Happy Holidays! Or are they?! Over the years I have asked myself this every time the holiday season comes around.
Personally, I love the holidays. I love the decorations, the music, the treats, and the family time. Being together, feeling the love and being thankful for all that we have.
Ok – I can’t even type that without a little chuckle or sneer. Sure, right! That’s exactly what the holidays are about?! At least in our minds that is what we tell ourselves. But what is the reality that I see these days?
Stress! Stress is the reality. Guilt! Guilt is the other reality! And both lead us all to indulgence. Don’t get me wrong, I grew up in a house of indulgence and at the time, as a child, it was amazing. But over the years, it started to just be embarrassing. The amount of presents. The stress I saw all of the parties and gift buying put on my mother. The guilt she felt that she wasn’t doing enough for everyone, and then the frustration when people didn’t appreciate it.
And then I met my husband. He grew up in probably the more traditional view of all of this. The days of the large gift from Santa. Single gifts for everyone. The large family that drew names. Sure there was stress over cooking and managing, and even the gift giving was nerve-wracking I am sure, but it was so different than my reality.
So for years we have been back in forth. Finally getting my family to all agree to no presents. Once the nieces and nephews were grown, the gift giving stopped and my small family focused on other things, like holiday trips and giving to charity. And in theory it all seemed to be the right move. No more worrying over the perfect gift, no more “great, what do I do with this thing” after opening a present. That stress was gone.
But now the guilt has set in and a new level of stress has been put in it’s place. The stress of guilt.
As I have mentioned in previous posts, I suffer from depression and anxiety. It’s a genetic disposition, but worsened by all of the factors that impacted me growing up. Mostly by the fact that I’m an only child and by my personality. While everyone takes on a level of wanting their family happy and making sure they are taken care of, I take it to the extreme. As the main focal point for my parents, and in a family that has many layers now (step parents, etc.), I have allowed the stress and guilt of not being there for my family over take me, and I now have fallen back into indulgence.
Over the past year, I have indulged. While one trip to Disney would be enough for most folks and a day visit would be ok for people like us that live close by, I planned 6 mini Disney vacations. Six! And treated each trip as if they were vacations, with the goodies and indulgences, all with the idea that I was making up for my guilt. I indulged over Mother’s Day and birthdays with dinners and visits. I indulged during the hurricane when my daughter was upset about not being home. I indulged because of guilt. A guilt that is normal. A guilt that everyone feels, but a guilt that my anxiety makes seems unconquerable.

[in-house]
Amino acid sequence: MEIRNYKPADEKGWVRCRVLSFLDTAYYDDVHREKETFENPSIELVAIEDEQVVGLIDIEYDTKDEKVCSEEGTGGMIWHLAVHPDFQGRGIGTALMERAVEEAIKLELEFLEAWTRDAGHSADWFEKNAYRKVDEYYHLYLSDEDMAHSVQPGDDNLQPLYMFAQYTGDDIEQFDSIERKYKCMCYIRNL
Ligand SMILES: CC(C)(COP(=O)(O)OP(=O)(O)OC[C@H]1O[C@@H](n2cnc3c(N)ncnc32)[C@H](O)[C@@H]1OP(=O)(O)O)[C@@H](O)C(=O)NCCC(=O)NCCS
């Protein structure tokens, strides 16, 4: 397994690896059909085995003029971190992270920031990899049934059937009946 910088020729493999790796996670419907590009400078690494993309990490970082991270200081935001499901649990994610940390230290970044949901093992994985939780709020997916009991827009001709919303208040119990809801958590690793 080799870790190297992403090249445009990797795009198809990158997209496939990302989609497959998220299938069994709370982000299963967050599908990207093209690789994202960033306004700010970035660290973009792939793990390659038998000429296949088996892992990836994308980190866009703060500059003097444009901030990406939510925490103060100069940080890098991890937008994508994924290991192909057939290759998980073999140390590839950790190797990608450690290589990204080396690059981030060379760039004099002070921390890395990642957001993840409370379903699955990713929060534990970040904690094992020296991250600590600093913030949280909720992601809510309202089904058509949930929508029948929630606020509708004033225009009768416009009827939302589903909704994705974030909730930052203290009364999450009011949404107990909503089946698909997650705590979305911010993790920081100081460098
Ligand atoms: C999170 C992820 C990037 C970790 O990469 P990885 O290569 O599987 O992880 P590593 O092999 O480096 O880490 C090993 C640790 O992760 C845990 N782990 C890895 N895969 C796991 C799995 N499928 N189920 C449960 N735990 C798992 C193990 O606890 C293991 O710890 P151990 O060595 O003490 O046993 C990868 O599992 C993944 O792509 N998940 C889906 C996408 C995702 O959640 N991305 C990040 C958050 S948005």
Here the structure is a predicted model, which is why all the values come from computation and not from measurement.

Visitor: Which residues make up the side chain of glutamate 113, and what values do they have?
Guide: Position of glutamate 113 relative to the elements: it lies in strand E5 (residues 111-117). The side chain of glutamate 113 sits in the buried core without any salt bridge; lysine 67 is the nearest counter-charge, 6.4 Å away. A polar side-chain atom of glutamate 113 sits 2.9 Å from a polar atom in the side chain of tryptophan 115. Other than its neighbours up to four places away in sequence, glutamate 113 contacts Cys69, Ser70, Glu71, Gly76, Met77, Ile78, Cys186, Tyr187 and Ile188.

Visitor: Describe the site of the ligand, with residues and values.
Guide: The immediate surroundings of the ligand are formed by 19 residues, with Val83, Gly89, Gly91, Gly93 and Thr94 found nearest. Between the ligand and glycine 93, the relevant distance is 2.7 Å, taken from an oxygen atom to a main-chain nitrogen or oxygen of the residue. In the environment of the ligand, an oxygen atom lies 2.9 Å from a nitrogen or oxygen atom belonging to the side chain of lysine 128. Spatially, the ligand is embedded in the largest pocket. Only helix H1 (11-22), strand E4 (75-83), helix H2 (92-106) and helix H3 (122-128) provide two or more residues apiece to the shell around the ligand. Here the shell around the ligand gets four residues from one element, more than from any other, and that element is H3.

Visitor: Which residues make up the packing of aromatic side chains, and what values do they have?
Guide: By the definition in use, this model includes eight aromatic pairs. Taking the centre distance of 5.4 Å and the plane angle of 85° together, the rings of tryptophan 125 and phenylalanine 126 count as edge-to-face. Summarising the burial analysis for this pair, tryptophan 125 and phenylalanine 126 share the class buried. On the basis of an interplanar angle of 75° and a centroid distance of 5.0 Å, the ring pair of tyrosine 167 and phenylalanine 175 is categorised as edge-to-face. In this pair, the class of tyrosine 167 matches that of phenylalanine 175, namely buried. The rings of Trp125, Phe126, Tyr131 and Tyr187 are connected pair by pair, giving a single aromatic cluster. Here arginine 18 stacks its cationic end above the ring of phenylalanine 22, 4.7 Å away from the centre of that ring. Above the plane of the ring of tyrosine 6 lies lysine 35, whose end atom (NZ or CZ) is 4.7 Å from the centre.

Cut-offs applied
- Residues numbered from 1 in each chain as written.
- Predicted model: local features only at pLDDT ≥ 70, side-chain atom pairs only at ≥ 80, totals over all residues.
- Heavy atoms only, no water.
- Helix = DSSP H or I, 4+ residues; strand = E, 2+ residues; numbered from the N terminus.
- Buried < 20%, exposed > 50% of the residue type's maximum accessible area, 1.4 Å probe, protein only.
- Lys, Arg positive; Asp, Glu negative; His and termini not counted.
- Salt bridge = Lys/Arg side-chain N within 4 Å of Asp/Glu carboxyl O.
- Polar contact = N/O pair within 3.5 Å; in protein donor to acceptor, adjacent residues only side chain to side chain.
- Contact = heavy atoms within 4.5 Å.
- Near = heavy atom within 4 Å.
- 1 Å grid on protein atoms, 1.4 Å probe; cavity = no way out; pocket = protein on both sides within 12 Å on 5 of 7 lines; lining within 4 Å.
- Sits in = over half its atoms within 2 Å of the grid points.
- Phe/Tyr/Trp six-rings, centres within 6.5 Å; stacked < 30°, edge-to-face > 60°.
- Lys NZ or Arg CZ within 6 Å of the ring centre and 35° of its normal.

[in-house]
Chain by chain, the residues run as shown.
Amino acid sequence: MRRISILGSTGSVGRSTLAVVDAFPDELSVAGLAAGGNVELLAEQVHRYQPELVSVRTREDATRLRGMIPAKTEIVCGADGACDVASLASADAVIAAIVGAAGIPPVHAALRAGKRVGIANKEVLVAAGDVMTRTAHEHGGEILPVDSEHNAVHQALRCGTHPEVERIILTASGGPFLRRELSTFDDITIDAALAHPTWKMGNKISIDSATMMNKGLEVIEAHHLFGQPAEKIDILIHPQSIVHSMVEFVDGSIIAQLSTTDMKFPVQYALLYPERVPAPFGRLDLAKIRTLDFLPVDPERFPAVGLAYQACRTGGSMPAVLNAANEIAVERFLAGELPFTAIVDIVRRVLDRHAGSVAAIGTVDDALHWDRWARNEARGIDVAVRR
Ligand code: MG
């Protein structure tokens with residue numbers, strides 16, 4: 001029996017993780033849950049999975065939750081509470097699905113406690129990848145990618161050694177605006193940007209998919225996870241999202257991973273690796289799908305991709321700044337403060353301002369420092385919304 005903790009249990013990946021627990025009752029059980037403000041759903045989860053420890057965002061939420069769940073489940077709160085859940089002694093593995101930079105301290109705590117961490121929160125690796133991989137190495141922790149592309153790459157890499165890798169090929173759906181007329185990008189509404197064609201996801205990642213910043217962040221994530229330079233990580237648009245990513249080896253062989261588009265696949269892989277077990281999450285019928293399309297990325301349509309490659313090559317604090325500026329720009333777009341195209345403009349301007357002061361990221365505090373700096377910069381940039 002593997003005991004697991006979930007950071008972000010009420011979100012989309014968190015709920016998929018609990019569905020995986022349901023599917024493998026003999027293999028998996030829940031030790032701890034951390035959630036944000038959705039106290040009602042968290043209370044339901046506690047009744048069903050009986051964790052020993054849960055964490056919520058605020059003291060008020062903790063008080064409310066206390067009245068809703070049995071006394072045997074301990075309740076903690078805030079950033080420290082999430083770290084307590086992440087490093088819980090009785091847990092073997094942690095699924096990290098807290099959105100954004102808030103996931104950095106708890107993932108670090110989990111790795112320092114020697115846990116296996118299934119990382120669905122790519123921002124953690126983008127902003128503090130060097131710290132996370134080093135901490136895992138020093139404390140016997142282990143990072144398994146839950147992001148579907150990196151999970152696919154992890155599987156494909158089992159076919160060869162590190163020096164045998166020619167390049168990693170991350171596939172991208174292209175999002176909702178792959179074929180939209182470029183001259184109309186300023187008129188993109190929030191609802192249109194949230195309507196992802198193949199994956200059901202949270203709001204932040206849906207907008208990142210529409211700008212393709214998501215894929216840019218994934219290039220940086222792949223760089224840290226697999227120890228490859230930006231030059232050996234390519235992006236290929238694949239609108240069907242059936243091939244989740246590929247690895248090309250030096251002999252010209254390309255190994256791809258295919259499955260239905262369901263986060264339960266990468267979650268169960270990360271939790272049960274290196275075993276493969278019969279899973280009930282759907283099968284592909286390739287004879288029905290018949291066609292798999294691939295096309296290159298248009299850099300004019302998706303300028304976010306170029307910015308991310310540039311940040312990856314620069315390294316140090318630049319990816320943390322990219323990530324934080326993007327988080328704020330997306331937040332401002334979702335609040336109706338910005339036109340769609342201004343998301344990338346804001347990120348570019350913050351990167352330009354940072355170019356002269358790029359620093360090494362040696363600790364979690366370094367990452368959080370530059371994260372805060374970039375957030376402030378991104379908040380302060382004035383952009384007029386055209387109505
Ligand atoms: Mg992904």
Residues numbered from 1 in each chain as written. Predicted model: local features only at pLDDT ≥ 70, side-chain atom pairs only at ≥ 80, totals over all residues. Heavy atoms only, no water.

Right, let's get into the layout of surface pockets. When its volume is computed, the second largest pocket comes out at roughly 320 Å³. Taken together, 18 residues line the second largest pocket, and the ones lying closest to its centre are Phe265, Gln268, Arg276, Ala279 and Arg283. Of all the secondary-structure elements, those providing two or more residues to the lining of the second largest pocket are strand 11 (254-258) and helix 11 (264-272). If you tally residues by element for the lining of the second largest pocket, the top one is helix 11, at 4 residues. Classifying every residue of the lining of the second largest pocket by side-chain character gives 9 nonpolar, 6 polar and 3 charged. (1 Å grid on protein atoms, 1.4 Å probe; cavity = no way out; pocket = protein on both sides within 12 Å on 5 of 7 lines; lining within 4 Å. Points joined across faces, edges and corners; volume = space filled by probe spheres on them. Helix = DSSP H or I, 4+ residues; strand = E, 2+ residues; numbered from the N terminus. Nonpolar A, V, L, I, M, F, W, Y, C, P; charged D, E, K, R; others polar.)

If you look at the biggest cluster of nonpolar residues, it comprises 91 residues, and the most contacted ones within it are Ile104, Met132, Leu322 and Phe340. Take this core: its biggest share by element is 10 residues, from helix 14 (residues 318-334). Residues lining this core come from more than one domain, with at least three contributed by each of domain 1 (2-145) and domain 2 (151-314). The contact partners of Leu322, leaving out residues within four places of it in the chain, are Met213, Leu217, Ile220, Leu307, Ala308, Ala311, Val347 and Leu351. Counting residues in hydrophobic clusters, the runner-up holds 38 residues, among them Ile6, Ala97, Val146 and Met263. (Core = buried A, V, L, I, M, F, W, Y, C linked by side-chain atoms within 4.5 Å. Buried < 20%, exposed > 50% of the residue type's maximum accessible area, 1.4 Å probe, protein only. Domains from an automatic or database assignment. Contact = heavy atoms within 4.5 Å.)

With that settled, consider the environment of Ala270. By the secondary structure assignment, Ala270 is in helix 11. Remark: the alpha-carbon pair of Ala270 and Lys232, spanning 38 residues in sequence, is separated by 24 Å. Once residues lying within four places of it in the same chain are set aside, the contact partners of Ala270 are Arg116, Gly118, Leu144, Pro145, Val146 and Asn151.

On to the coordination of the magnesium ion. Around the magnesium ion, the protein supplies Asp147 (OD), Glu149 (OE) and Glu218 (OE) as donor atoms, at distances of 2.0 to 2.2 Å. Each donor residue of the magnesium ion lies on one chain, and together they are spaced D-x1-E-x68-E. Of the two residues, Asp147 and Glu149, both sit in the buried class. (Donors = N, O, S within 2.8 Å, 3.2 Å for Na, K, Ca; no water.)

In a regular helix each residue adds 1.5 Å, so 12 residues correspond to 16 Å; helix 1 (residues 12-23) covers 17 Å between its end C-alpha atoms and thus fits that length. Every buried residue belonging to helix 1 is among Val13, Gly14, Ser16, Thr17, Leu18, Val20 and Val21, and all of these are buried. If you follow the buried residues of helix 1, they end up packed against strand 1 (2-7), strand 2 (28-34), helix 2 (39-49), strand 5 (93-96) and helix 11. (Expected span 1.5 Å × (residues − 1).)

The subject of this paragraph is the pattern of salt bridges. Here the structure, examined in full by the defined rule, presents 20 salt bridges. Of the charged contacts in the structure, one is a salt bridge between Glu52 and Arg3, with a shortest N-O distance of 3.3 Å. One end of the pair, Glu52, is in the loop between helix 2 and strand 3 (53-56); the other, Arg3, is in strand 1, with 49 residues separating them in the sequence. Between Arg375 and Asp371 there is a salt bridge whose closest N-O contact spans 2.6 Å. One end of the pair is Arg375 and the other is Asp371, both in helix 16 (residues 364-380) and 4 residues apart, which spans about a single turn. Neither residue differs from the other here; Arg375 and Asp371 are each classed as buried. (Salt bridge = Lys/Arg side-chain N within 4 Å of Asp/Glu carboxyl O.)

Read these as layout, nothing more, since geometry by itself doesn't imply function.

So, with the help of my husband, we have said “enough”. We cleaned out my daughter’s room of all the indulgences she never played with and the over abundance of “stuffies” stashed in closets. We rethought Christmas and she will be getting a couple of large gifts and a handful of small ones. We have cleaned out our home of the excess and are getting back to simplicity. We are setting our “non-negotiables” with family and hoping that both myself and all of them can stick to it. I will admit, none of this has been easy. I cried wondering if the few items at Christmas would be “enough”. I cried at saying goodbye to items I had held onto in boxes for 30 years. I cried at the money I spent on things my daughter never used. I cried.
And, the guilt is still there. Deep inside. It’s there when my daughter won’t speak to me because I’m working when she gets home from school. It’s there when I hear my mom’s voice or see her face on FaceTime and see her disappoint that her time will be limited with my daughter. It’s there when I know my father is struggling with her life as transgender and just needs to know she is loved. It’s there when I have to leave my husband for a week to care for my daughter while I travel for work. It’s all there, all the time!
So again, I am saying “enough”. Enough to the guilt, enough to the stress, enough to the frustration and anger and the over indulgence it leads to. I want to embrace every moment as special, not just the big ones. I want to be in the moment, not worrying if it’s “enough”. I want to know at the end of each night when I lay my head down that I truly did my best, I did “enough”.
Enough! As 2016 comes to a close and 2017 is knocking at the door, I vow to continue to say “enough”. To remember that I truly am doing the best that I can. That my family should and will love me for that. That through my strength of prioritizing, they will see how I am taking care of all of them in a different way. That it will be “enough”.
I challenge everyone to try “enough”. To remember what the true spirit of the holiday season is (not just the religious meaning or gift giving). To focus on your family, on memories, on spending time. For that is the greatest gift we can give anyone.
Wishing you and your family a wonderful TIME this holiday season, filled with “enough”!